We have demonstrated in this study that IL-15 is capable of inducing telomerase activity through activation of Jak3 and PI3K/AKT signaling pathways in memory phenotype CD8+ T cells, and that IL-15-induced telomerase activity is associated with the relative stable telomere length in long-term cultured memory phenotype CD8+ T cells. Previous reports showed that exogenous expression of telomerase catalytic unit (hTERT) prevents telomere loss and extends the replicative life span of CD8+ and CD4+ T cells (23, 24, 25), suggesting that preservation of telomere structure can extend cellular replicative life span of cells. By activating and maintaining telomerase activity in memory CD8+ T cells, IL-15 may preserve the replicative life span of dividing memory CD8+ T cells.

Although both cross-linking of TCR/costimulatory receptors and IL-15 can also activate telomerase in memory CD8+ T cells, the difference in telomerase expression kinetics between these two stimulation conditions reflects their different and overlapping signaling pathways as well as physiological roles in memory CD8+ T cells. TCR and Ag interaction leads to activation of Syk (e.g., ZAP70), Src (e.g., Lck) protein tyrosine kinase families, increase of cytoplasmic free calcium [Ca2+]i, and PI3K/AKT pathways, whereas IL-15 induces Jak/Stats pathway and PI3K/AKT pathways. Physiologically, activation of T cells via TCR engagement leads to substantial expansion of effector cells, and the majority of these effector cells undergo apoptosis after the clearance of Ag. The role of telomerase in TCR-mediated activation is to preserve the telomere length of rapidly dividing effector cells at the phase of clonal expansion. In contrast, the role of IL-15 in memory CD8+ T cells is promoting survival and slow proliferation over the long term. The sustained levels of telomerase activity induced by IL-15 is designed to protect the loss of telomere repeats of continued slow proliferation of memory CD8+ T cells over life time. Thus, IL-15 not only promotes survival from death but also preserves telomere length and the capacity for replication of memory CD8+ T cells for future robust responses upon exposure to Ag.

Considering the importance of IL-15 in memory CD8+ T cell homeostasis (34, 35), it is not a surprise that IL-15 is capable of activating telomerase and compensating the loss of telomeres in actively dividing memory CD8+ T cells. Interestingly, IL-7, a key cytokine in T cell development and homeostasis, is also capable of inducing telomerase activity in T cells (36). Similarly to IL-15, IL-7 did not compensate completely the loss of telomere length in cultured naive CD4+ T cells, because some loss of telomere repeats was observed in 12-day cultures of CD4+ T cells maintained by IL-7 (36). We have analyzed whether IL-7 induces telomerase activity in CD8+ T cells in this study. Compared with IL-15 induced telomerase in memory phenotype CD8+ T cells, IL-7 only induced a limited level of telomerase in naive or in memory phenotype CD8+ T cells after 5 days treatment. Together, it is clear that cytokines involved in homeostasis of T cells (naive and memory cells) are capable of activating telomerase and compensating the erosion of telomeres during cell divisions, and thus preserving the replicative life span while inducing proliferation. It is worth noting that some cytokines can repress telomerase activity including IFN-α (37) and TGF-β (38). Thus, the status of telomerase expression in lymphocytes in vivo will depend on the net outcome of those positive and negative regulators.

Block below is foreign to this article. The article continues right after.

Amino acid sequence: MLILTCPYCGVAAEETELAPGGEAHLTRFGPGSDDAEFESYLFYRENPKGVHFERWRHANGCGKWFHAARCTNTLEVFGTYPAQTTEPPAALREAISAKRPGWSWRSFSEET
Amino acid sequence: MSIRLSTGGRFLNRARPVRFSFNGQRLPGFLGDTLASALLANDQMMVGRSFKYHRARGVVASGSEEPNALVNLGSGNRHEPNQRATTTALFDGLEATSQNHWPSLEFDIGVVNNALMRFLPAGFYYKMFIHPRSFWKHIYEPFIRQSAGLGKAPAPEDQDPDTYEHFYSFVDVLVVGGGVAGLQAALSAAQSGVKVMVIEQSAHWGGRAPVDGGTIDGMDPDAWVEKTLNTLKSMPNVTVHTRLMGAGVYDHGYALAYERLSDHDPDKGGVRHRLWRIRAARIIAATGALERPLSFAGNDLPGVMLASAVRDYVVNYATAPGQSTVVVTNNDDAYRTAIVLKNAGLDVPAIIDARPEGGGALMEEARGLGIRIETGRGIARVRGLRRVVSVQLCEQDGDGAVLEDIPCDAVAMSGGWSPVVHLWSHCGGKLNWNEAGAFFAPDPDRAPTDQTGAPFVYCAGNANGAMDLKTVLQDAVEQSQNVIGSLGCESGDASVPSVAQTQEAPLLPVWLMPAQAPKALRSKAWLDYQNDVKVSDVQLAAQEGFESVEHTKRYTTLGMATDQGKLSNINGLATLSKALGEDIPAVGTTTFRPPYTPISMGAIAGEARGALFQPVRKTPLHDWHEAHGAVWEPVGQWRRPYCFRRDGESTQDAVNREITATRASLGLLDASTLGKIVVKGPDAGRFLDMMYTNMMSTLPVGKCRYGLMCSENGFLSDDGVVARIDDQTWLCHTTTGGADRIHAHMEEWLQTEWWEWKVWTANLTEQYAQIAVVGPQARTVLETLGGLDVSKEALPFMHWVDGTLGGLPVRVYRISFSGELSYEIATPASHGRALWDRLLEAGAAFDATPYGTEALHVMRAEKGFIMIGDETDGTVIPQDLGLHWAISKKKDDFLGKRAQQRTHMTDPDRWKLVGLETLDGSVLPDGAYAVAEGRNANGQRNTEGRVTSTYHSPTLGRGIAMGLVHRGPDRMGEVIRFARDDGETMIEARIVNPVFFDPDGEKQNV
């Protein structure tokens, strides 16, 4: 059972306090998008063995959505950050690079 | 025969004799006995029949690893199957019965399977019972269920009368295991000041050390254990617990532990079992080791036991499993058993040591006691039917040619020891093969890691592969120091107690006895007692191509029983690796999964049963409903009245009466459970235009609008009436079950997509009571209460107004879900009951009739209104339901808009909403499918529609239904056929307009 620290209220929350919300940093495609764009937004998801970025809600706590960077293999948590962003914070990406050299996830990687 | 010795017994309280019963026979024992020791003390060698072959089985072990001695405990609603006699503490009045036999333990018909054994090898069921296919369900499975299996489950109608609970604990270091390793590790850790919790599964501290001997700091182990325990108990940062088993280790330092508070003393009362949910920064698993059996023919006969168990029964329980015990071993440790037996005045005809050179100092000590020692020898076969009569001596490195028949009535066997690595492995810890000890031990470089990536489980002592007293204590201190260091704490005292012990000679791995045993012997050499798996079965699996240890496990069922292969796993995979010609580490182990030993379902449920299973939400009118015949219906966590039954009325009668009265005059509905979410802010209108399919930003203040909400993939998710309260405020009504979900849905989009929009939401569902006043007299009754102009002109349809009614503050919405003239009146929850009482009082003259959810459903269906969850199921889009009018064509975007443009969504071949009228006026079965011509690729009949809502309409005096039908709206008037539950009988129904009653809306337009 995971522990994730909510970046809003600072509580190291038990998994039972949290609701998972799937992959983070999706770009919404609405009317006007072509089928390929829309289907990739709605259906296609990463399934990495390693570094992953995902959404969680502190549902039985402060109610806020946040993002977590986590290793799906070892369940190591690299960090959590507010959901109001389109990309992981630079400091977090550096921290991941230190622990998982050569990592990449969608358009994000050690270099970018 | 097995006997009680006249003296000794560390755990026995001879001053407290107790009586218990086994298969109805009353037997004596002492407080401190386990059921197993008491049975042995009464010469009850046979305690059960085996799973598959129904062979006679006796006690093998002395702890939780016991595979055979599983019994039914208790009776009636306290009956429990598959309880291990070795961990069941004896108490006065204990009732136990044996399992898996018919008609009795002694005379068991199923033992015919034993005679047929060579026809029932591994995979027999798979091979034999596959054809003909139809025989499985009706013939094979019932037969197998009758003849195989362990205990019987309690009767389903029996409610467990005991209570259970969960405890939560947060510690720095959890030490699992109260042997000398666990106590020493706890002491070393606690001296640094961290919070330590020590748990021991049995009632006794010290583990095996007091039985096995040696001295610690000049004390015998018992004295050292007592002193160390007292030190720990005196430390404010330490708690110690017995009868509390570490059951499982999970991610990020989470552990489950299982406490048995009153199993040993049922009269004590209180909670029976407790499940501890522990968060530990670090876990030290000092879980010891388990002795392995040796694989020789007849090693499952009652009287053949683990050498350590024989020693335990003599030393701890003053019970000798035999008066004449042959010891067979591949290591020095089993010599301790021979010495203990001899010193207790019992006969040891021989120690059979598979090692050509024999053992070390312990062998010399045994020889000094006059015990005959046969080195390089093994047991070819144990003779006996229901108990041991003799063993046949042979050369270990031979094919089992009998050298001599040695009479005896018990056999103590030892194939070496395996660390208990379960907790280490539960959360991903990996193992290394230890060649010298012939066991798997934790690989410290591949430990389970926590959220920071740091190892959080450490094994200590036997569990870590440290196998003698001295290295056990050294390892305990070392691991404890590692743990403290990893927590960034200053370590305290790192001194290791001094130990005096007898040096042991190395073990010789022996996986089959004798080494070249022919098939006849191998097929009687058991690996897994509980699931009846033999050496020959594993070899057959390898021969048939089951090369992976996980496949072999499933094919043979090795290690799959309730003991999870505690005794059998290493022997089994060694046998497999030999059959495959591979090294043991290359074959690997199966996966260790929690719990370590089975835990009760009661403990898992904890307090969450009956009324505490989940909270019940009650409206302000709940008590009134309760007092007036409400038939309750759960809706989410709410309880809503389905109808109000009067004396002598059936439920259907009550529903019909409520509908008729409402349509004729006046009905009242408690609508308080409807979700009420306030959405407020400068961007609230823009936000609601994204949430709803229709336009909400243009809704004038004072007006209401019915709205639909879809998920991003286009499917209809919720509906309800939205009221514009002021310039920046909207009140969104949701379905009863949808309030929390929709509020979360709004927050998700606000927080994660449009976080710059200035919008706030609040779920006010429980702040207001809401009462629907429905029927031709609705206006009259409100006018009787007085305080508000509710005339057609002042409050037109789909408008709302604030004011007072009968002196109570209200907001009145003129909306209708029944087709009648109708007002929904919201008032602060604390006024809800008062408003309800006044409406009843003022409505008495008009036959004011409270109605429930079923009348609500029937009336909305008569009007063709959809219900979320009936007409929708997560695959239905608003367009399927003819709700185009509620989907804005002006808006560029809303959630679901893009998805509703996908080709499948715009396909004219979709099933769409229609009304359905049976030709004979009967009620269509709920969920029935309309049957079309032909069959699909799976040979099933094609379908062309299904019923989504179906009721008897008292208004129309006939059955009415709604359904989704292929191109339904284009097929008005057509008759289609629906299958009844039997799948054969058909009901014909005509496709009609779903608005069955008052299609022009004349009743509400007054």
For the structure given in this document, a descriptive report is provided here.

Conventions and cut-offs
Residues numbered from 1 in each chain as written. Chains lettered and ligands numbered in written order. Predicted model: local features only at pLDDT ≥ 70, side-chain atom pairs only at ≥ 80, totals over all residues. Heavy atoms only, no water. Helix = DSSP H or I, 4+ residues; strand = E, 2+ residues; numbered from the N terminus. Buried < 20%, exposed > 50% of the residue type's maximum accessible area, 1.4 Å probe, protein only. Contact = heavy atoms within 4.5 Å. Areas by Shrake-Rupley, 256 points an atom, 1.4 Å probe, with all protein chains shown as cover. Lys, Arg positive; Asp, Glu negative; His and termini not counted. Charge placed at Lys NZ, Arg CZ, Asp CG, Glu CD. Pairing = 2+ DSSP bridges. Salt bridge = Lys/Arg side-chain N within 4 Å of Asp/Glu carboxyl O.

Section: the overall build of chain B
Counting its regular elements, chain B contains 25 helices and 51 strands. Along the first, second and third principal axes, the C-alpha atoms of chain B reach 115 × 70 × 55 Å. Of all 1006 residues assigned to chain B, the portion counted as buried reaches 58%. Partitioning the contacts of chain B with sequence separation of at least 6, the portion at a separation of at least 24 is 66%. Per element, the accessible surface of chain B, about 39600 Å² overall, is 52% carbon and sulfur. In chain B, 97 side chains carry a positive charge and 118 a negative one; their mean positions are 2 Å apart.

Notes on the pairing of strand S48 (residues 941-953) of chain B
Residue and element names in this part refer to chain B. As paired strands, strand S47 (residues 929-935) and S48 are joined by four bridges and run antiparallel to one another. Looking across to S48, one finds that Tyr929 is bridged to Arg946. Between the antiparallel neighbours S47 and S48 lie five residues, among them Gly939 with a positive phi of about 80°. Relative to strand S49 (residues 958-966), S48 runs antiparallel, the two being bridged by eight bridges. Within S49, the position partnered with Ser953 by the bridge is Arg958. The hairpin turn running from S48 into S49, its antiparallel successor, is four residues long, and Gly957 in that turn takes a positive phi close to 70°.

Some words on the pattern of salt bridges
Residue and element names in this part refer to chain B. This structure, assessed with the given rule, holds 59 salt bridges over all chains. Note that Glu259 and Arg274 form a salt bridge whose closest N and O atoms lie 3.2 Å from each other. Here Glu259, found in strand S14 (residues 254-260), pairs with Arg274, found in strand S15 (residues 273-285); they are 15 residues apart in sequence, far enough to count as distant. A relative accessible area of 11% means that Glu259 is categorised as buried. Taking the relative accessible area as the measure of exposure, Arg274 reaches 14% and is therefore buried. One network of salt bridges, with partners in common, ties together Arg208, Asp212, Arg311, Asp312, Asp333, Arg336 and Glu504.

In summary, we investigated the effect of IL-15 on the replicative life span of long-term cultured memory CD8+ T cells and presented two novel findings. First, IL-15 is capable of inducing telomerase expression in memory CD8+ T cells through activation of Jak3 and PI3K pathways. Second, telomere length was maintained at a relatively stable length in memory CD8+ T cells that underwent substantial divisions. In the absence of sufficient levels of telomerase, telomere shortening was observed in many types of normal cells undergoing active divisions including lymphocytes (11, 20, 21). We demonstrate that telomerase activity induced by IL-15 can protect telomere length in actively dividing memory CD8+ T cells and that IL-15 may preserve the replicative capacity of memory CD8+ T cells.

The authors have no financial conflict of interest.

We thank Drs. Dan Longo and Mark Mattson for reviewing the manuscript, Robert Wersto and Joe Chrest for the cell sort, and Karen Madara at National Institute on Aging leukophoresis unit for blood samples.

The costs of publication of this article were defrayed in part by the payment of page charges. This article must therefore be hereby marked advertisement in accordance with 18 U.S.C. Section 1734 solely to indicate this fact.

3

Abbreviations used in this paper: TRAP, telomeric repeat amplification protocol; FISH, fluorescent in situ hybridization; TRF, telomeric restriction fragment.